Advice about the colon (:) . . . a full stop on top of a full stop. It’s different to the semi-colon (;) which is a full stop on top of a comma. I never use semi-colons. In all writing I have ever seen, a comma or a full stop is always better than a semi-colon (in my opinion). Semi-colons simply make sentences longer. Semi-colons are beloved by writers who use flowery language and long sentences (in my opinion). However, the colon has the strong and useful purpose of “introduction”.
Use a colon to introduce a quote.
The Treasurer said: “Watch my lips. No new taxes.”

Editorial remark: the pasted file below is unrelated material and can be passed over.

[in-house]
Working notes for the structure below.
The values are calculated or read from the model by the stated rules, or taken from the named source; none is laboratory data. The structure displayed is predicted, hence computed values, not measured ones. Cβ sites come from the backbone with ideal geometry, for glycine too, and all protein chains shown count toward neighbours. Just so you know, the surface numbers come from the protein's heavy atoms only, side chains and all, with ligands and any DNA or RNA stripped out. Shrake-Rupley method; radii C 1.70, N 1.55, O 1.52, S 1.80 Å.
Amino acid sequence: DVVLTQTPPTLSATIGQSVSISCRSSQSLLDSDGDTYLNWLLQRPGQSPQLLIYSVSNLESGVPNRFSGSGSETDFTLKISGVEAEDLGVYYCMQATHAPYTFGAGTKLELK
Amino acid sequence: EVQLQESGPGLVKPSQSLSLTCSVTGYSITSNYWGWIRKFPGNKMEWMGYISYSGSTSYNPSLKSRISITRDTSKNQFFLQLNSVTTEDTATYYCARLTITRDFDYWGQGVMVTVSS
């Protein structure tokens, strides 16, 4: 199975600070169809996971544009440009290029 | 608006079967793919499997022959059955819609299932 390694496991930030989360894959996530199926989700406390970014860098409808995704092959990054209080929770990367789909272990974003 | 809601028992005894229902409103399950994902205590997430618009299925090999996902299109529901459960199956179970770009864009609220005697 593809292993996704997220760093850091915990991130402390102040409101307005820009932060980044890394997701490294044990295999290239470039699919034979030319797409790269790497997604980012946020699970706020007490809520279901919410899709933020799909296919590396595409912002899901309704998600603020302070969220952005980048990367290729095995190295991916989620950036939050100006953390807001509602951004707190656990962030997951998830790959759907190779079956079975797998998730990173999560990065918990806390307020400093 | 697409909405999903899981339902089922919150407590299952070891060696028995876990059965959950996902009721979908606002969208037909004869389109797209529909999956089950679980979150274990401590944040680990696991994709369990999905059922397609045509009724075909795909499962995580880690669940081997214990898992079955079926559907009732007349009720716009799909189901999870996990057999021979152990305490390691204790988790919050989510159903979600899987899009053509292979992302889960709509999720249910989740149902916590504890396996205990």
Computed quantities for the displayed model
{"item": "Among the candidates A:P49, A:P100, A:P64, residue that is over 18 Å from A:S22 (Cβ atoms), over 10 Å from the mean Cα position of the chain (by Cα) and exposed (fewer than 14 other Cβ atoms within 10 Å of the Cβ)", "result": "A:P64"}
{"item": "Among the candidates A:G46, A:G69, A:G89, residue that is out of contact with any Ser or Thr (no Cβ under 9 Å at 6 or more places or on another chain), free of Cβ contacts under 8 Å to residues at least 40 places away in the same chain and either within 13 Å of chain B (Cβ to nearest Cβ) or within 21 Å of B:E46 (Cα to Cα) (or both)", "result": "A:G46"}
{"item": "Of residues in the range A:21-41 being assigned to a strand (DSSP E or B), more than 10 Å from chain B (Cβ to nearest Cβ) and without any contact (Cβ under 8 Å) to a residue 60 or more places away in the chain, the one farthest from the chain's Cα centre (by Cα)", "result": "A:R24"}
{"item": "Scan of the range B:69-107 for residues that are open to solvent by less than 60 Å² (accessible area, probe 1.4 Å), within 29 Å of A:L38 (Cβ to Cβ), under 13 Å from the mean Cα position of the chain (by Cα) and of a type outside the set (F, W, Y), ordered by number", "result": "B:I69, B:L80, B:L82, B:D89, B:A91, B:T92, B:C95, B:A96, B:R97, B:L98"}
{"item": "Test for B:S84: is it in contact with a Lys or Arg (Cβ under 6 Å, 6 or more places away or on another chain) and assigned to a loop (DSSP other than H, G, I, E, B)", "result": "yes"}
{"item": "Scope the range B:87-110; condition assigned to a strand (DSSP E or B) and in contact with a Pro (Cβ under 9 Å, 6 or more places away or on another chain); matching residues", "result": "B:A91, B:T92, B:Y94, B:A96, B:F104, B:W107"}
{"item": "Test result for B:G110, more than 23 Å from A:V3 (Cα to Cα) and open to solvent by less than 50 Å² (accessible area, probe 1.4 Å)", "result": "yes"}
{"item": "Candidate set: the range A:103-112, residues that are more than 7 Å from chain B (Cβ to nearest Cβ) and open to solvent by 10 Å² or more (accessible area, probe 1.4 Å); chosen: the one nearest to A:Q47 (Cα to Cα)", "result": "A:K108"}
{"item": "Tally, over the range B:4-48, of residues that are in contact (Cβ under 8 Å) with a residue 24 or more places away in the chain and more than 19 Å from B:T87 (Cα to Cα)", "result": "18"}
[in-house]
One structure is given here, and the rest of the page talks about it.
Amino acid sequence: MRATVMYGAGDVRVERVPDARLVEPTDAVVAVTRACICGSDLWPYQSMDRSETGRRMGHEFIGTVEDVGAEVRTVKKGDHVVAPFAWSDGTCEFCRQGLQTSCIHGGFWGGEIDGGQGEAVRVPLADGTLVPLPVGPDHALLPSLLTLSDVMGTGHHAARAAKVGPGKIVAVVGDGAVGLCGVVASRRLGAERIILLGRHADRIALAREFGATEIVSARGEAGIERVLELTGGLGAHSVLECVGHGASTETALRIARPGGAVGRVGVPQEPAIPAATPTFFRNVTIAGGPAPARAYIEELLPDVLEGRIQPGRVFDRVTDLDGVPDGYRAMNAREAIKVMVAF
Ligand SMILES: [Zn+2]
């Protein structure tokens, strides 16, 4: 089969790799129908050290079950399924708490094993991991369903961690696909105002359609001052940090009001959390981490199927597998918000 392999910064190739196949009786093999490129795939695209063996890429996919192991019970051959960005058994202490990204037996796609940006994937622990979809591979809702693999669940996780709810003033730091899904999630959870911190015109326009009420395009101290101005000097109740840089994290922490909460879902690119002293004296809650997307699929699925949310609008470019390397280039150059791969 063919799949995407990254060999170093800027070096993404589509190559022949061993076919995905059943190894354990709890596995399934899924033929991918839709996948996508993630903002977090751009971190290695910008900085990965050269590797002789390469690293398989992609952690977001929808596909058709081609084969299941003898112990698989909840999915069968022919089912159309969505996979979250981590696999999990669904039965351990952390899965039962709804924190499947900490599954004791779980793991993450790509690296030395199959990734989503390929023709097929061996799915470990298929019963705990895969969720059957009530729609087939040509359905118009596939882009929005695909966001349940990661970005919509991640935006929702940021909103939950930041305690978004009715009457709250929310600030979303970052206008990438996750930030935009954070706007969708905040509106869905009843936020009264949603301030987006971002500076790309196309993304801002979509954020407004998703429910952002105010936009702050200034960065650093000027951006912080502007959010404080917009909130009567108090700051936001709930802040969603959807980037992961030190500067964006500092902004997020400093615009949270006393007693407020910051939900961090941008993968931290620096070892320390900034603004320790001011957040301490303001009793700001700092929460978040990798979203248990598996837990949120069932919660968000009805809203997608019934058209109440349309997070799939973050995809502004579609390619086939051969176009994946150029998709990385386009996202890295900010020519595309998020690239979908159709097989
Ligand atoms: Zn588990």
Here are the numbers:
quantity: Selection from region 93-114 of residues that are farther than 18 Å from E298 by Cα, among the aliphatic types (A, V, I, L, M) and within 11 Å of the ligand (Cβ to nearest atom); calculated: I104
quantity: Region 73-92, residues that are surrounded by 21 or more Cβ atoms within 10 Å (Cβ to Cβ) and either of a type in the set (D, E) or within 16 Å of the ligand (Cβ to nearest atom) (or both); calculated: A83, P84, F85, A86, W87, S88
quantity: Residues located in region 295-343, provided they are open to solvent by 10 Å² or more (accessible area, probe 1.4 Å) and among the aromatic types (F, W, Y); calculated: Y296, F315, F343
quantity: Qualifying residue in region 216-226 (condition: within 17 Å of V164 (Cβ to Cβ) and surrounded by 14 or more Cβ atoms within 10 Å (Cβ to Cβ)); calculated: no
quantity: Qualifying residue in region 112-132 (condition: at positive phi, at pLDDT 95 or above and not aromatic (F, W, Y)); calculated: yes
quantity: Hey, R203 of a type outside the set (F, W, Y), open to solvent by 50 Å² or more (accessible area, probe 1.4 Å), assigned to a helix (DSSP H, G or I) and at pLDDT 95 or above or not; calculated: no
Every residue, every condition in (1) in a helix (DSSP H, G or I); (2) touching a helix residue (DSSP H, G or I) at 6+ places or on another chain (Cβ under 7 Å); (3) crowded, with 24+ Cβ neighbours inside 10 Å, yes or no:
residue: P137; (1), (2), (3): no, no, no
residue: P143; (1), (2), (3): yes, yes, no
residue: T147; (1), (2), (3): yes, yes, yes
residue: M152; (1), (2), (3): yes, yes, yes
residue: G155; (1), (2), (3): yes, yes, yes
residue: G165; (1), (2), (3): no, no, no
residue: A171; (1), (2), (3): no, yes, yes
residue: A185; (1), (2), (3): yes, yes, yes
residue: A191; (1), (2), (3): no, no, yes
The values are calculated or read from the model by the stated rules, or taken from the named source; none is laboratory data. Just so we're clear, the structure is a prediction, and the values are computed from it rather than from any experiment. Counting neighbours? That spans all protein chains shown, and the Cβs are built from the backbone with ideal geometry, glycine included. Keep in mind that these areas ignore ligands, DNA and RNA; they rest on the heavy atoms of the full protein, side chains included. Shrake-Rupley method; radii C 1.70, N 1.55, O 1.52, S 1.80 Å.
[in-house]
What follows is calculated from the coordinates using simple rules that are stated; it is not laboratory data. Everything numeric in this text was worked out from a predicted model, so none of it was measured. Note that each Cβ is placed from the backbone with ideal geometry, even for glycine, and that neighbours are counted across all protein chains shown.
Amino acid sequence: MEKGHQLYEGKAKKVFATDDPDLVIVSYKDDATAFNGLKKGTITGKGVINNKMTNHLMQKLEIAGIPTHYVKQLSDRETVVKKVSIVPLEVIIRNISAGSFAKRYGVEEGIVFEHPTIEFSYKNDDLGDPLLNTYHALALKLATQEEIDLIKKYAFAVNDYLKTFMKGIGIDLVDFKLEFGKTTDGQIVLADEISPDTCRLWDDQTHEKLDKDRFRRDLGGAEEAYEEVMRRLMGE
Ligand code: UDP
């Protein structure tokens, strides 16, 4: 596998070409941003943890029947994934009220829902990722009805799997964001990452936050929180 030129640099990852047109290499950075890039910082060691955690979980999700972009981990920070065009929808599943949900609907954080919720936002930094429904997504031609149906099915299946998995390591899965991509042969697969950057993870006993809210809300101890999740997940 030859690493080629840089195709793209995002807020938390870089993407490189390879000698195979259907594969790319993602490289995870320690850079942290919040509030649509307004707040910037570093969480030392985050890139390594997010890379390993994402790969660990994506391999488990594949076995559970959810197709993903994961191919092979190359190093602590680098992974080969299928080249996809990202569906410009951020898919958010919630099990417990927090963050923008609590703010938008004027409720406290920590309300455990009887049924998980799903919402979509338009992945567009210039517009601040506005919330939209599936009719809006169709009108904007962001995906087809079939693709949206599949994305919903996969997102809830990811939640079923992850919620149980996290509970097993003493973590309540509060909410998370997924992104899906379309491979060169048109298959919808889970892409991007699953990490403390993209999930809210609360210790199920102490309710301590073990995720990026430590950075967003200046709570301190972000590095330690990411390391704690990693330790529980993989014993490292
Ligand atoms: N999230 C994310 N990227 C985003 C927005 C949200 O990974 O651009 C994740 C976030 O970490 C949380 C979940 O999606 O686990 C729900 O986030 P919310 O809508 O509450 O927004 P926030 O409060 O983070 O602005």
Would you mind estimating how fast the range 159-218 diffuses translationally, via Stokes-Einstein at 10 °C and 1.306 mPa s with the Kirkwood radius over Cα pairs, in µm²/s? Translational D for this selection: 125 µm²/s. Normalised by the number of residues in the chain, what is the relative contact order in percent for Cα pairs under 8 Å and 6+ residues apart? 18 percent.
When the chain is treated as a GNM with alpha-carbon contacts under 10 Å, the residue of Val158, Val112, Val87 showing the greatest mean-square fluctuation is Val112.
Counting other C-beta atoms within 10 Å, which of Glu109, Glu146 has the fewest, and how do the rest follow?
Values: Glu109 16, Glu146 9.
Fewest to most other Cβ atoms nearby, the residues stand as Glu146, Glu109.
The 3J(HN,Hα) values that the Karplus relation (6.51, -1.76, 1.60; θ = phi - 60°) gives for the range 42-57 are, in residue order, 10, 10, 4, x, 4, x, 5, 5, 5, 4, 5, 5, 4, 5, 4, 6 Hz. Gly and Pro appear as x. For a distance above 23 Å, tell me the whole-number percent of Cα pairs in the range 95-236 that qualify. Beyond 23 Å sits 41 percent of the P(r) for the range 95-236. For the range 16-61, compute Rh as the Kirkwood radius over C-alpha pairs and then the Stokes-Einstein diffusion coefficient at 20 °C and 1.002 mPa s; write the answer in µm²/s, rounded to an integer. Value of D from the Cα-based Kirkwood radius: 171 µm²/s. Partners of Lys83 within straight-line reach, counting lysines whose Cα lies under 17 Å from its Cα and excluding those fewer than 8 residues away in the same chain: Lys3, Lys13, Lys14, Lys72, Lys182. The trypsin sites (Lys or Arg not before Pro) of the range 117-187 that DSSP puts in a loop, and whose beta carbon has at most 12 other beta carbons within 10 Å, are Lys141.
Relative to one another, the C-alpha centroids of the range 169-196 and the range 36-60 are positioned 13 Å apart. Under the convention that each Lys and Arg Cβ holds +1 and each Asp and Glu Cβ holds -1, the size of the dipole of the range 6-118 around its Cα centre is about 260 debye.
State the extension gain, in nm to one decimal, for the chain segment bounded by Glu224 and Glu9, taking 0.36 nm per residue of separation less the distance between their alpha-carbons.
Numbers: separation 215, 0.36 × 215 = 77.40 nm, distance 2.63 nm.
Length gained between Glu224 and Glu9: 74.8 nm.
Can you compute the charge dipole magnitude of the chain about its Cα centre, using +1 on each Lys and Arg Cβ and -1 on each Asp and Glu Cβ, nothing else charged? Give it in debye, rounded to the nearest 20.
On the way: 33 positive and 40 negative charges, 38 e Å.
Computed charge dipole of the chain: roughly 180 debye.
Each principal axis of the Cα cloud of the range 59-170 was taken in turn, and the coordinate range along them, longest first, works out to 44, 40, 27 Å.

Use a colon to introduce written material.
This is the 231-word summary by Judge Smith: “XXXXXX etc.”
Use a colon to introduce several points.
The government faces two obstacles to re-election: high inflation and a financial scandal.
Use a colon when the second part of the sentence is an explanation of the first part.
Bill couldn’t go: he had 47 tasks still to do.
Use a colon when the second part of the sentence is a re-statement of the first part.
Nadia looked happy: her smile was wide and her eyes sparkled.
Colons are used to dramatic effect, especially in headlines.
Nicole: Tom’s mad!
Tom: Nicole’s a gold-digger!